On Saturday, December 15, I picked up my children at the childcare center in our gym. I could hear a child crying as I approached the door, but I soon saw my two coloring by a table, so my initial panic turned to a blend of relief, concern, and curiosity.
Once inside the room, I saw a father cradling his wailing 2-year-old son in his arms. The little guy had fallen and hit his head on the corner of a wall. I saw the lump– it was bluish and raised to the size of a demi-golf ball. The father was pacing around, barking accusations disguised as questions at the childcare staff. “Why wasn’t Zachary wearing his shoes? Did someone push him? Who else was around?” He probed for answers, while trying to comfort Zachary and dial the pediatrician.
That’s usually the moment when I would have that self-satisfied thought that he should worry less about who to blame and just focus on little Zachary.
You know what I thought? Jesus. It’s a bump on his head. He’s alive, you reactionary prick. RELAX.
If you are following along, you will note that was the day after the Newton massacre. It was less than 24 hours later and huge pieces of my emotional life had been rearranged.
Now, in my mind, because his child was alive and well (if bruised and upset), I had the sincere belief that the dad with his Adidas sweat pants should just chill the f*ck out and recognize that Zachary is gonna bump his head from time to time because that’s what happens when you let your kids ambulate.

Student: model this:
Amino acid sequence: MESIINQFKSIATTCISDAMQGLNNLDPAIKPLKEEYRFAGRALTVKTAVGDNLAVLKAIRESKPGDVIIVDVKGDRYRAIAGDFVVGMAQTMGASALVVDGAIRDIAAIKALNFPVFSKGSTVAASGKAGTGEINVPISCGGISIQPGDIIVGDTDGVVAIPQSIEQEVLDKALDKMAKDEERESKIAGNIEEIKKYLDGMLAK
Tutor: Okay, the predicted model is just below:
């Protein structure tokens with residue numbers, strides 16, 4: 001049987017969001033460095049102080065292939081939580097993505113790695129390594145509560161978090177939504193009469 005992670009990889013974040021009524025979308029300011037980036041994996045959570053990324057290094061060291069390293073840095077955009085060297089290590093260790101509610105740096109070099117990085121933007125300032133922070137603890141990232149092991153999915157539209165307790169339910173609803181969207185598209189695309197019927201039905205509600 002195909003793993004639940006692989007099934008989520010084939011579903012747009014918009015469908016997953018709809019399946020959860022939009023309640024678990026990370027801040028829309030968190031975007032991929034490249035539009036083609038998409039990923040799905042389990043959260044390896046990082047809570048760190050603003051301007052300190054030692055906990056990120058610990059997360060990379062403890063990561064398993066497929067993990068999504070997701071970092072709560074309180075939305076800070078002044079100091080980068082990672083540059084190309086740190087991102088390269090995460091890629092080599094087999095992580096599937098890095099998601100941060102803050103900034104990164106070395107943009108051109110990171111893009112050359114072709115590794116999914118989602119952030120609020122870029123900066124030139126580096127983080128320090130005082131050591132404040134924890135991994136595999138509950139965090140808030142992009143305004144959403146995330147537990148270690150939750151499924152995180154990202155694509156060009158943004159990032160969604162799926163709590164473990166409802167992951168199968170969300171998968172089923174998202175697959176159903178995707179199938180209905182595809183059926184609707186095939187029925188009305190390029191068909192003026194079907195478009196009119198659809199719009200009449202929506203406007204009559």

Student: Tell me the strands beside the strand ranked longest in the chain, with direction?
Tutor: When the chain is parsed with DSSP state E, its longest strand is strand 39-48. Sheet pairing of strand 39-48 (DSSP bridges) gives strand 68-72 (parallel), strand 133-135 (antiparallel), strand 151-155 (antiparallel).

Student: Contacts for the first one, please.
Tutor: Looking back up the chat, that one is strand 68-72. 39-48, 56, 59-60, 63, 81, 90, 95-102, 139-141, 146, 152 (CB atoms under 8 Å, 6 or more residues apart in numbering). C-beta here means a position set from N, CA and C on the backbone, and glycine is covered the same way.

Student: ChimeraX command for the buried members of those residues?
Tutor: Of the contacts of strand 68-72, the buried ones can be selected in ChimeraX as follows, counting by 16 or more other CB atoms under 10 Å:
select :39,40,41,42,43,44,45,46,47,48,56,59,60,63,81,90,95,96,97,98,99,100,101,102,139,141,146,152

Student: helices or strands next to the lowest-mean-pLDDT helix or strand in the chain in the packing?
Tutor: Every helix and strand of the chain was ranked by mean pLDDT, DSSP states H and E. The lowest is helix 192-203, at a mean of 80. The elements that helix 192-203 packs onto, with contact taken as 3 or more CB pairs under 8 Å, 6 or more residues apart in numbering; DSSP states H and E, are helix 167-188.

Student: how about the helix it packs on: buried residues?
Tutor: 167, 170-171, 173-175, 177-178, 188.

I was disappointed that my reaction was so judgey and insensitive to that father, who, though a little intimidating, was simply reacting to his son’s pain. He was probably scared and shaken and trying to deal with the situation the best that he could.
That morning, I gave myself a pass because it had only been 20 hours since I had heard about the devastation in Connecticut. I wasn’t thinking clearly; nobody else was either. I grabbed my babies, wished little Zachary well, and went home.
Then, in early January, I came across an article about the sexual abuse scandal at Penn State. (Last fall, when that story was splashed all over the headlines, I couldn’t read about it, because it was so upsetting to me. One night I had to wake Jeff up after reading a paragraph on CNN because it scared me, and I couldn’t sleep.) Last week, when I revisited that topic, I felt less triggered. At least all of those kids are alive.
Did I just minimize a systematic sexual abuse scandal simply because it wasn’t a flat-out massacre?
I did. That’s exactly what just happened. And there are other examples of how my thoughts have been perverted since Newton. The calculus is forever altered because now Newton is the worst nightmare I can imagine befalling a family or a community. Anything short of that is, well, not as bad as Newton. Would I rather my kids fall prey to a depraved pedophile or a sick person with an assault weapon? Of course, we all know the answer. The problem is the question.
I hate the question. Because the real answer is that I don’t want any horrible things to happen to my kids or any other kids. Hell, I don’t want them to ever get a bump as big as Zachary’s, much less suffer the more tragic, damaging things. None of it is acceptable. It all keeps me up at night, and that seems like an appropriate reaction to evil.
God forbid, if something worse than Newton happens, then suddenly, will Newton not seem so horrific? How can that be?
I don’t want to live in an ever-escalating parade of horribles, where yesterday’s tragedy becomes “not as scary” in light of today’s. I don’t want to be desensitized. I want to be prickling with sensitivity and compassion and energy that might lend itself to solutions and healing. But I need to change my thinking first– starting with the questions: instead of “What’s worse?” I’m trying, “How can I be part of the solution?”